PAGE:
The Human Experience Through Alternative Processes: Dora Kontha
“One way or another, we all have to find what best fosters the flowering of our humanity in this contemporary life, and dedicate ourselves to that.” – Joseph Campbell
An idea I have constantly grappled with is the idea of humanity. How is it each human being experiences similar events yet each of us is entirely unique? Due to my curiosity about how others perceive this question, I have interviewed artists that use particular photographic processes to dissect the idea of what it means to be human.
When we think of humanity we consider who we are and the places we inhabit. In Dora Kontha’s work, Soulscapes, humanity takes on ethereal definition using emotions, dreams, and memory as a base for the work.
Dora Kontha (b.1987) is a photographic artist based in Copenhagen, Denmark. Her work focuses on inner and outer landscapes involving various analogue processes and experimental techniques. While investigating the artistic and technical possibilities of film photography, her photographs evolve towards inner journeys, the visual translation of emotions and abstract representation of actual places. Dora’s work has been exhibited in museums and galleries and featured in international publications.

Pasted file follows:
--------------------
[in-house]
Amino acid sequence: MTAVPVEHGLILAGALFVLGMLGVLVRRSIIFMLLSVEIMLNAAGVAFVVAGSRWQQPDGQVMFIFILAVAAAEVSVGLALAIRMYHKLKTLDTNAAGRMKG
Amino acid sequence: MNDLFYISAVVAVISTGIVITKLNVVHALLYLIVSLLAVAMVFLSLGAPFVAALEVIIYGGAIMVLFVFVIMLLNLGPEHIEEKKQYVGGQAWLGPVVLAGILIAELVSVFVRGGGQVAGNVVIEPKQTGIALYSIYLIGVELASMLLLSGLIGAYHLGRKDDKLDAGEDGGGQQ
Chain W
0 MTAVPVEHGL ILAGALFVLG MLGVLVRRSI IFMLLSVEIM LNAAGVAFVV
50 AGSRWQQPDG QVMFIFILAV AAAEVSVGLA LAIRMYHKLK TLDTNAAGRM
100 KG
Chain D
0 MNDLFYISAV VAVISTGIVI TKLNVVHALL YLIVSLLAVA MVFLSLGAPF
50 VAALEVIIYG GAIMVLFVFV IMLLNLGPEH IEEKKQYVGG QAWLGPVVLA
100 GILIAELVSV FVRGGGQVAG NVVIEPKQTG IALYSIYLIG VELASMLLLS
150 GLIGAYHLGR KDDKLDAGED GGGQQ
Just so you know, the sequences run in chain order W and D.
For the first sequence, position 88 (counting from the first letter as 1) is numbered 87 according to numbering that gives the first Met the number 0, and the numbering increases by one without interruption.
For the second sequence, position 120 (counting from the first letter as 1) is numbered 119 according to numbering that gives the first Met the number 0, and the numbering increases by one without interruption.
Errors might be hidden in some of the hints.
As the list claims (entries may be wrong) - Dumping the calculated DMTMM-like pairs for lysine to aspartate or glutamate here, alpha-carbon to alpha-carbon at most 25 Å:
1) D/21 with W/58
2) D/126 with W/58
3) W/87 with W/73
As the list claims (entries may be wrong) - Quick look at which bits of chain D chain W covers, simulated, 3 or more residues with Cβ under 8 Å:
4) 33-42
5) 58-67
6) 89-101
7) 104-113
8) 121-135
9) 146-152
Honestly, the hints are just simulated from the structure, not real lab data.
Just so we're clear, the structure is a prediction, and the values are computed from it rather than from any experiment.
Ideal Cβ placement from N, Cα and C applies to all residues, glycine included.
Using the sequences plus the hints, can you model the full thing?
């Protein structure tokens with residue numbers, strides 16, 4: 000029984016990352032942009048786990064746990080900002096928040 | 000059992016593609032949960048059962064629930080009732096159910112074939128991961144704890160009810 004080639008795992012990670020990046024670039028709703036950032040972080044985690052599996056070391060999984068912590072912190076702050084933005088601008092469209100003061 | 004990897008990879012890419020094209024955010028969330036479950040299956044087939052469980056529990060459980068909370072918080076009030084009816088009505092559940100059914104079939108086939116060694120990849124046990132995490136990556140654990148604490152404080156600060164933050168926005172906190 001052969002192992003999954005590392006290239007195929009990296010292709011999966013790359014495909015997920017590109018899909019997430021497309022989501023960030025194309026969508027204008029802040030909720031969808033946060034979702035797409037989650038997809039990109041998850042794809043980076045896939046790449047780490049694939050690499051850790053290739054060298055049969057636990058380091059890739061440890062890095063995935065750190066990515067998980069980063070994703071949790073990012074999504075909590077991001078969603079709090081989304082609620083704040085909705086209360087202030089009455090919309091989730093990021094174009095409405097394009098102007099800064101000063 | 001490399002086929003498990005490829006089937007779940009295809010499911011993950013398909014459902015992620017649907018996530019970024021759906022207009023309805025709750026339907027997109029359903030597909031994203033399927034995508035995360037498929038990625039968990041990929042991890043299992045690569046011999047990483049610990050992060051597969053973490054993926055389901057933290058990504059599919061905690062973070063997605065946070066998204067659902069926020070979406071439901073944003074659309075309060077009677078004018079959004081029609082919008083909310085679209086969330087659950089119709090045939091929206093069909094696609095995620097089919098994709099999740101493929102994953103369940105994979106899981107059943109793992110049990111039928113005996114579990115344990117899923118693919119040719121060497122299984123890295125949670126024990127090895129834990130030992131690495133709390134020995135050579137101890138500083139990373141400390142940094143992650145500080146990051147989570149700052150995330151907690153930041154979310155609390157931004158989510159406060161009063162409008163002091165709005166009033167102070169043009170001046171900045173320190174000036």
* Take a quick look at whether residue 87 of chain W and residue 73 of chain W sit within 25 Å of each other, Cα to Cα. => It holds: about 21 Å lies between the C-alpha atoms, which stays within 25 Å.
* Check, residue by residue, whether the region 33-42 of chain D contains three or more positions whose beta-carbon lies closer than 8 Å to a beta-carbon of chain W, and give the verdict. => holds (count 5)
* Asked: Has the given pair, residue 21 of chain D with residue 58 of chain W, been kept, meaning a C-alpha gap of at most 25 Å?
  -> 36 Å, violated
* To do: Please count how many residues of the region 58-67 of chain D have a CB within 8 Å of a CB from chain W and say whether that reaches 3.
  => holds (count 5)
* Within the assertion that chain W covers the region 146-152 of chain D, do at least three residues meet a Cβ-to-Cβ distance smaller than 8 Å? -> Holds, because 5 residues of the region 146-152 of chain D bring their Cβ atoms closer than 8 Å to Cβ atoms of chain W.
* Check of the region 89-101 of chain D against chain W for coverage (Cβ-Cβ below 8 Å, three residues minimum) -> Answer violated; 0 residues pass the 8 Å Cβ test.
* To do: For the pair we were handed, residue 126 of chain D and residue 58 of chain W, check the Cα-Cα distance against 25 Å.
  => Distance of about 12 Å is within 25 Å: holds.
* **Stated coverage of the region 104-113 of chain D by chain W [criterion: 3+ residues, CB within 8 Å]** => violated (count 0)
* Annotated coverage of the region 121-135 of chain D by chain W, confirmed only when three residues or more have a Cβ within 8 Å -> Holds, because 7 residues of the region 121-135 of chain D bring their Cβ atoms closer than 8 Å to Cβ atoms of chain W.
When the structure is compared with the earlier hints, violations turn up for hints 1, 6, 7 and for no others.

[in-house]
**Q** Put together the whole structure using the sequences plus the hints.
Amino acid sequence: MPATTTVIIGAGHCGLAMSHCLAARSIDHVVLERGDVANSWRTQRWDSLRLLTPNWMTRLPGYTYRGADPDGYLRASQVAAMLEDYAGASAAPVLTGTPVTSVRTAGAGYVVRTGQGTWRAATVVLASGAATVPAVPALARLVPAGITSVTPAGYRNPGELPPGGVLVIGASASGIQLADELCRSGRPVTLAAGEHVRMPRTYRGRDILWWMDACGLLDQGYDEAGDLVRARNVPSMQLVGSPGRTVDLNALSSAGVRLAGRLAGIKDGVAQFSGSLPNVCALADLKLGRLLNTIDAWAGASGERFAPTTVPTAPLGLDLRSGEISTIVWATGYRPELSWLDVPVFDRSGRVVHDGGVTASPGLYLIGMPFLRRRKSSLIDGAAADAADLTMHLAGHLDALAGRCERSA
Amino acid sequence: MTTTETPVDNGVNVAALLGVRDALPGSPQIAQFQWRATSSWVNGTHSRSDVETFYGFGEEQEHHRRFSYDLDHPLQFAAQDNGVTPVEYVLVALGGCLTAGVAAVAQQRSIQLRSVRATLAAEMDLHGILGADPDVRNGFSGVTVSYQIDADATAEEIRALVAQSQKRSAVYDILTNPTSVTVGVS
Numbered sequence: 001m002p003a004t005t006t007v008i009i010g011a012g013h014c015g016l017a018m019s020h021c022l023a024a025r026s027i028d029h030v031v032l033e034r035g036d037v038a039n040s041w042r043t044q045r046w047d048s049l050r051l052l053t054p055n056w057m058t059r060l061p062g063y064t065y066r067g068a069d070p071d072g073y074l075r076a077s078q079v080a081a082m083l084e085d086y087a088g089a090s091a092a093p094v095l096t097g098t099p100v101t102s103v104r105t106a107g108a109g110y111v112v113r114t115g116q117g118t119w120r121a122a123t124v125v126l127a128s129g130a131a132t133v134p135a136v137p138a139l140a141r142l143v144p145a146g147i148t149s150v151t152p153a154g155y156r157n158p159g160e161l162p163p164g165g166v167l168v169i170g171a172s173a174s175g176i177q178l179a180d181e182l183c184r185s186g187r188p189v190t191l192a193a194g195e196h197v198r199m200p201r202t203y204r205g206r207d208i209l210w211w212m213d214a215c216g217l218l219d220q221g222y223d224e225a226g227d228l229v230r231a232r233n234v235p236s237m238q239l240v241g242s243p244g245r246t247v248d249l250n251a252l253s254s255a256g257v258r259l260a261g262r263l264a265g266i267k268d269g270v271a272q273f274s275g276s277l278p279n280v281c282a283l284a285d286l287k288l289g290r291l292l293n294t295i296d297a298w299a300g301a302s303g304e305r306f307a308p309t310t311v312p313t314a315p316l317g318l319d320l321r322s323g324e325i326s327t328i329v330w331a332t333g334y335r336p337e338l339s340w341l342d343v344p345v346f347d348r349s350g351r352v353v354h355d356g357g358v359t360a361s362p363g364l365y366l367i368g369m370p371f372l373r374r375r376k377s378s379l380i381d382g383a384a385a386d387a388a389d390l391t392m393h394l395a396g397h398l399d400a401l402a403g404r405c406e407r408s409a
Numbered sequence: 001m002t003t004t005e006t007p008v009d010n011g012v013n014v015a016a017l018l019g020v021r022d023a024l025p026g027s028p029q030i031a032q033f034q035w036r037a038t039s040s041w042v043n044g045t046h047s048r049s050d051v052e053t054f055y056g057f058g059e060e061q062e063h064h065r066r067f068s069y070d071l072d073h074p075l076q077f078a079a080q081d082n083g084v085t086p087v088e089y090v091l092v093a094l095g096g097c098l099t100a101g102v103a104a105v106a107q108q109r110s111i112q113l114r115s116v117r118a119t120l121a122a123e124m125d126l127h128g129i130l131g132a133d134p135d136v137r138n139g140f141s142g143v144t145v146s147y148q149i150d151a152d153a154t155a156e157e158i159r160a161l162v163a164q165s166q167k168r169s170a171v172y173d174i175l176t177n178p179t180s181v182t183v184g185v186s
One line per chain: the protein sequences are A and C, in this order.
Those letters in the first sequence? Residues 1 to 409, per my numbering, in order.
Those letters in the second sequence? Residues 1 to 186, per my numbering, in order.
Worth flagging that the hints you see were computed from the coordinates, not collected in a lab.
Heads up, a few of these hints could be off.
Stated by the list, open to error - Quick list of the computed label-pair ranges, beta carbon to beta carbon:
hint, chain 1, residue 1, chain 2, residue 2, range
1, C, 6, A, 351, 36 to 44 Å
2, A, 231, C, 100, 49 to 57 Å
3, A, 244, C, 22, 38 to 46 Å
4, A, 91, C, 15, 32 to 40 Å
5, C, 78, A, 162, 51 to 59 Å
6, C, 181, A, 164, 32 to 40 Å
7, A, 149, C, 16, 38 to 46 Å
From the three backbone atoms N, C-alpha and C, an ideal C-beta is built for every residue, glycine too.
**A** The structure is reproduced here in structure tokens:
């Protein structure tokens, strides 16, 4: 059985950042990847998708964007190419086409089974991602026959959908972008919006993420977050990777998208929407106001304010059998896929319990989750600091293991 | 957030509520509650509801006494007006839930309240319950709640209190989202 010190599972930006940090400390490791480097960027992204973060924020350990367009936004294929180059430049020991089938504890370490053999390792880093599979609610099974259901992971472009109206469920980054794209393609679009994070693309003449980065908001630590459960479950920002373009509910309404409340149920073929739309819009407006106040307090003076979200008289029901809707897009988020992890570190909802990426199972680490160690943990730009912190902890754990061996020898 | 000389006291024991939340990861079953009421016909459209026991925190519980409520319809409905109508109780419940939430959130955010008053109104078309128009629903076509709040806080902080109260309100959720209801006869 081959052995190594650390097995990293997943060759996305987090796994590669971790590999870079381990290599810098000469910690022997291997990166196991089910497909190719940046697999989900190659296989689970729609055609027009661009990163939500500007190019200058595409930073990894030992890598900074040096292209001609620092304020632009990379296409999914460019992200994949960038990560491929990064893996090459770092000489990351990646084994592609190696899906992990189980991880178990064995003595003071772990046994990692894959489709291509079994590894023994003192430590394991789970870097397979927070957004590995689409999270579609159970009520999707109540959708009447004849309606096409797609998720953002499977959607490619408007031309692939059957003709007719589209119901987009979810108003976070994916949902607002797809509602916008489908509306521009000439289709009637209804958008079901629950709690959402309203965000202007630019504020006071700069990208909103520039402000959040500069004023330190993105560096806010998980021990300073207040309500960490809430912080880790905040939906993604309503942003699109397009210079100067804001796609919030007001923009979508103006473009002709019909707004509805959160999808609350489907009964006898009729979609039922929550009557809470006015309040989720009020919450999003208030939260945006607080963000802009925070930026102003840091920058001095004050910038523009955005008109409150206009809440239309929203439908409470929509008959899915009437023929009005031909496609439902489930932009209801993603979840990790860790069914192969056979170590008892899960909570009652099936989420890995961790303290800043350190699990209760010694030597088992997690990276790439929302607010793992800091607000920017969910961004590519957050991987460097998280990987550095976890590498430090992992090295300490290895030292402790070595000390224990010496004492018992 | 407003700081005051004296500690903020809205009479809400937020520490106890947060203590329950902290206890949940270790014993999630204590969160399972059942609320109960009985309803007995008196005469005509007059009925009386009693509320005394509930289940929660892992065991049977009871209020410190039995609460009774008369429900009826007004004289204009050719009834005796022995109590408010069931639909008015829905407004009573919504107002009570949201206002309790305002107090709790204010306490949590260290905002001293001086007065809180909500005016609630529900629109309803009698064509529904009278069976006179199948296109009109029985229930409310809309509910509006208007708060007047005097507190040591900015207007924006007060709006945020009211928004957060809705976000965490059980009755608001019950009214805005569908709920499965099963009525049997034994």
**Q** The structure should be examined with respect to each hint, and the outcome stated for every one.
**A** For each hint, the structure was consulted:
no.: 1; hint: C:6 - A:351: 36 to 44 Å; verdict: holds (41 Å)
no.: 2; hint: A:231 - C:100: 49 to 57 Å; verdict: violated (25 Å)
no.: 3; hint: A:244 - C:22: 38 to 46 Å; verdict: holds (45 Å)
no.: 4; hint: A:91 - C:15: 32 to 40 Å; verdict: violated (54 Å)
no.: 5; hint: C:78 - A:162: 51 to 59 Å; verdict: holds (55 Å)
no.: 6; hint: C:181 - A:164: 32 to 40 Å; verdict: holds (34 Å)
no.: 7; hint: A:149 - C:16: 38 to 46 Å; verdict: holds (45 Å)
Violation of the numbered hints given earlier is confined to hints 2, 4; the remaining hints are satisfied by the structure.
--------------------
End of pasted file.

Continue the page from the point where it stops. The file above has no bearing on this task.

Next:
Follow Dora Kontha on Instagram: @dorakontha
I use my photographs as canvases for creating imaginative universes, where personal memories, feelings and actual places merge. These inner landscapes are originating in escapism, a feeling of longing for illusive places and the eagerness of discovering otherworldly sceneries. The abstract compositions are layered by various outer landscapes and everyday life moments, but due to the distorted procedure, they are no longer related to a specific time and space. Through these internal illusions, impossible colors and places open up, where it’s difficult to distinguish reality from dream, virtual from tangible environments. -Dora Kontha
Kassandra Eller: How did your photographic journey start?
Dora Kontha: Many years ago, I discovered my grandma’s old Praktica and I became fascinated with it. The look of the traditional film camera, the process of developing film, the excitement to see a freshly developed negative and the sentimental look of the photographs mesmerized me. I carried the Praktica literally everywhere with me and I captured my surroundings and my journeys. For some reason, I have always been drawn to remote, dramatic, and wild landscapes, so one part of my work focuses on rough, wide-open spaces and the form of unreal nature. Experimentation has played a part in it too and I slowly started developing series about inner landscapes as well.